EDIT: I re-read your question and am convinced this is the correct approach, but I suggest against trying to find a file-level solution to this issue. What you want to do is open the "reference" file and time-reverse the audio data. Then as mic input comes in, you convolve it with the reversed reference waveform (this is matched filtering). A strong response (impulse) from that convolution output indicates a match. In terms of tools you don't even need a powerful audio library, just something that can get the audio in 1-D vector form and then a time-reverse and 1-D convolution (common operations in matrix libraries).

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  • $\begingroup$ Thanks for this suggestion. I have to read more about this topic to understand it better in order to implement it. $\endgroup$ – Newdevos Dec 28 '20 at 22:08
  • $\begingroup$ Good way to learn this quick would be to experiment with basic code. Take the data from your audio file and time-reverse it to create the matched filter. Convolve the original data with that filter and you should see a large impulse in the output $\endgroup$ – Keegs Dec 29 '20 at 14:53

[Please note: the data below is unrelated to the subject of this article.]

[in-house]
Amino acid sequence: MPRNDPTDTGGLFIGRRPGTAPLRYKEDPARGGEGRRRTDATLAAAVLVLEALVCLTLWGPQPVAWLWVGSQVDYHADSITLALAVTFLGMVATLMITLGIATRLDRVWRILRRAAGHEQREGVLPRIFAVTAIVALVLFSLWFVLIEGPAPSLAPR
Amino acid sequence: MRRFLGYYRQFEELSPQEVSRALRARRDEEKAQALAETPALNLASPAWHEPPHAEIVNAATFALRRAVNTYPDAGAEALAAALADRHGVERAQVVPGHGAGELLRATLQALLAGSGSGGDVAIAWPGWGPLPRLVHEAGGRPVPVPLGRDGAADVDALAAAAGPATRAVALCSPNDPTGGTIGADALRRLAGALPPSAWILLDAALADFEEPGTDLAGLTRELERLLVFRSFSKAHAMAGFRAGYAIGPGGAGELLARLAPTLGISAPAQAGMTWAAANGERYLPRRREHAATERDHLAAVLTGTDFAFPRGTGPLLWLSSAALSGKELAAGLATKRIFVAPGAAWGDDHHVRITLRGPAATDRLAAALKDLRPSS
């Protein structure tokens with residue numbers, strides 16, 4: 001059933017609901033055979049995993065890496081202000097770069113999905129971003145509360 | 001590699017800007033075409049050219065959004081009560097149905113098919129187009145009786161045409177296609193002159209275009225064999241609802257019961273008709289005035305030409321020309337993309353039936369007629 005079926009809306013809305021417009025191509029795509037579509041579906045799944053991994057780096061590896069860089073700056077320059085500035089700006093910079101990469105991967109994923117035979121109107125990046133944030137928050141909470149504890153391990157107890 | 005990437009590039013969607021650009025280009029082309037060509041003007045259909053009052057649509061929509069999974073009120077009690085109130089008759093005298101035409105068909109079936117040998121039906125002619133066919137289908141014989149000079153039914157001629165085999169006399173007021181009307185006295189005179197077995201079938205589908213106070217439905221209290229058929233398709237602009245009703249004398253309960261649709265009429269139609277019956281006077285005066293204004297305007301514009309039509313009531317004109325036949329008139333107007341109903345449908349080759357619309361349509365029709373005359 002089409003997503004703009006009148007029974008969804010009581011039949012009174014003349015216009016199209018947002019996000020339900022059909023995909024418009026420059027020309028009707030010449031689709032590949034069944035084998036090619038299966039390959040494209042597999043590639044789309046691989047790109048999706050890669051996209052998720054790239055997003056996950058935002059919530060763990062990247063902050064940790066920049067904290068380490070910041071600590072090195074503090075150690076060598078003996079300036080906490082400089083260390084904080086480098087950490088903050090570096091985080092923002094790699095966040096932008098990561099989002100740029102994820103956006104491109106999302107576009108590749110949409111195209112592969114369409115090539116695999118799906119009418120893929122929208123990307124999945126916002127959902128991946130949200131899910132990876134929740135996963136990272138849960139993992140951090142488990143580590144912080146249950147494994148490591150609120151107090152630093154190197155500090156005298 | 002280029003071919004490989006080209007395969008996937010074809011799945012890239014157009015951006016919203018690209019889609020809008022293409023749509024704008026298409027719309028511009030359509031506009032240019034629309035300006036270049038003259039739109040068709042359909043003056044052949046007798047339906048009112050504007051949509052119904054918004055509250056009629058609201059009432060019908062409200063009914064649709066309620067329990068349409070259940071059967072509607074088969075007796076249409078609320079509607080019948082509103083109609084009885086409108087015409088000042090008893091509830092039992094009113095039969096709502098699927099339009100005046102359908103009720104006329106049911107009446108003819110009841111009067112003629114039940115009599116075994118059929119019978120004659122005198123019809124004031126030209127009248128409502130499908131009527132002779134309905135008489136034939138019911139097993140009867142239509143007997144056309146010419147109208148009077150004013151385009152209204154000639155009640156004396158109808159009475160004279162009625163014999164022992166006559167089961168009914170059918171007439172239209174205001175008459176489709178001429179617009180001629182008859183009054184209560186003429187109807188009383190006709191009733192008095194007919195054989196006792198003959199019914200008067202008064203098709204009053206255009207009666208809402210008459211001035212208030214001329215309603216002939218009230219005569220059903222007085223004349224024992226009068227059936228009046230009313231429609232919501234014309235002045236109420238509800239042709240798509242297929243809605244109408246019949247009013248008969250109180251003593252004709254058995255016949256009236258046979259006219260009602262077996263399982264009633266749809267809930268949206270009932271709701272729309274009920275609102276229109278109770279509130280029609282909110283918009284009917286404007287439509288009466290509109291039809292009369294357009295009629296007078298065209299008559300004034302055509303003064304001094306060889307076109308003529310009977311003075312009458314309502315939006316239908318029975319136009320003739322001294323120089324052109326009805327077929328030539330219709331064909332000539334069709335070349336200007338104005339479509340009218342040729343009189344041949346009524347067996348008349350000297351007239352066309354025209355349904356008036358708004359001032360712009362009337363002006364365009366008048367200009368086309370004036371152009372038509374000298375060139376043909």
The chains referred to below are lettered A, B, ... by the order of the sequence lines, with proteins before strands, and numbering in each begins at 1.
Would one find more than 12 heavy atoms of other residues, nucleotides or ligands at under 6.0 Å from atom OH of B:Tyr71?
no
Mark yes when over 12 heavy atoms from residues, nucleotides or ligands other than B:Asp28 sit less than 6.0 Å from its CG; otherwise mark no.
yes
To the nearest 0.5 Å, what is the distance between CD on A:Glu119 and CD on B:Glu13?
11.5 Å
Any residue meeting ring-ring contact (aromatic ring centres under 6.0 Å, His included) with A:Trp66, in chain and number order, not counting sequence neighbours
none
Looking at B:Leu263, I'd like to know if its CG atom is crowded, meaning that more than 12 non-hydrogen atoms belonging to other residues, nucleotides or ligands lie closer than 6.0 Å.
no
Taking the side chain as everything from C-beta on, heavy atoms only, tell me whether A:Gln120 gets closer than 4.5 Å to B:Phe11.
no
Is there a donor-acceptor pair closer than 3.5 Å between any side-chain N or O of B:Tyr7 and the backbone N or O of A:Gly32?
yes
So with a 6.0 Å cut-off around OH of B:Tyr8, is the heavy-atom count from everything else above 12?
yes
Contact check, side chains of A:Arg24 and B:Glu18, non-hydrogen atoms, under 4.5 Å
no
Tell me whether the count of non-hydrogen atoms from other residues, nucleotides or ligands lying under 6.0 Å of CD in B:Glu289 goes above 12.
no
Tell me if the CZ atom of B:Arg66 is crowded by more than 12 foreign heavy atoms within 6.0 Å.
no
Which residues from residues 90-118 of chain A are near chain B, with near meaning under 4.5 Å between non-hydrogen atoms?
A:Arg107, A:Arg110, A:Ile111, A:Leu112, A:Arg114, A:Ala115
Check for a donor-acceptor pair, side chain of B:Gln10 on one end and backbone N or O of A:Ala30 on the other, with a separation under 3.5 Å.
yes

• $\begingroup$ Please I want to be sure that the meaning of "get the audio in 1-D vector" is equivalent to sampling the original audio and extract a raw audio data. In fact, in Android I did not find a clear code/API tha does this unless one API. This API ensures "the extraction of demuxed, typically encoded, media data from a data source". Then I will get the 1-D vector as suggested. Please tell me if the result matches with your recommandation of "get the audio in 1-D vector" ?? Thanks in advance. Kid regards. $\endgroup$ – Newdevos Dec 30 '20 at 15:54
  • $\begingroup$ Sampling for me is related to this explanation $\endgroup$ – Newdevos Dec 30 '20 at 16:06
  • $\begingroup$ Yes you want the raw samples in a vector where each element of the vector is one amplitude value separated in time by the sampling period. You will likely want to sum the channels if the audio is in stereo or any other multi-channel format. I am very surprised that no Android library exists to import a sound file into a numerical vector/array. $\endgroup$ – Keegs Dec 30 '20 at 19:09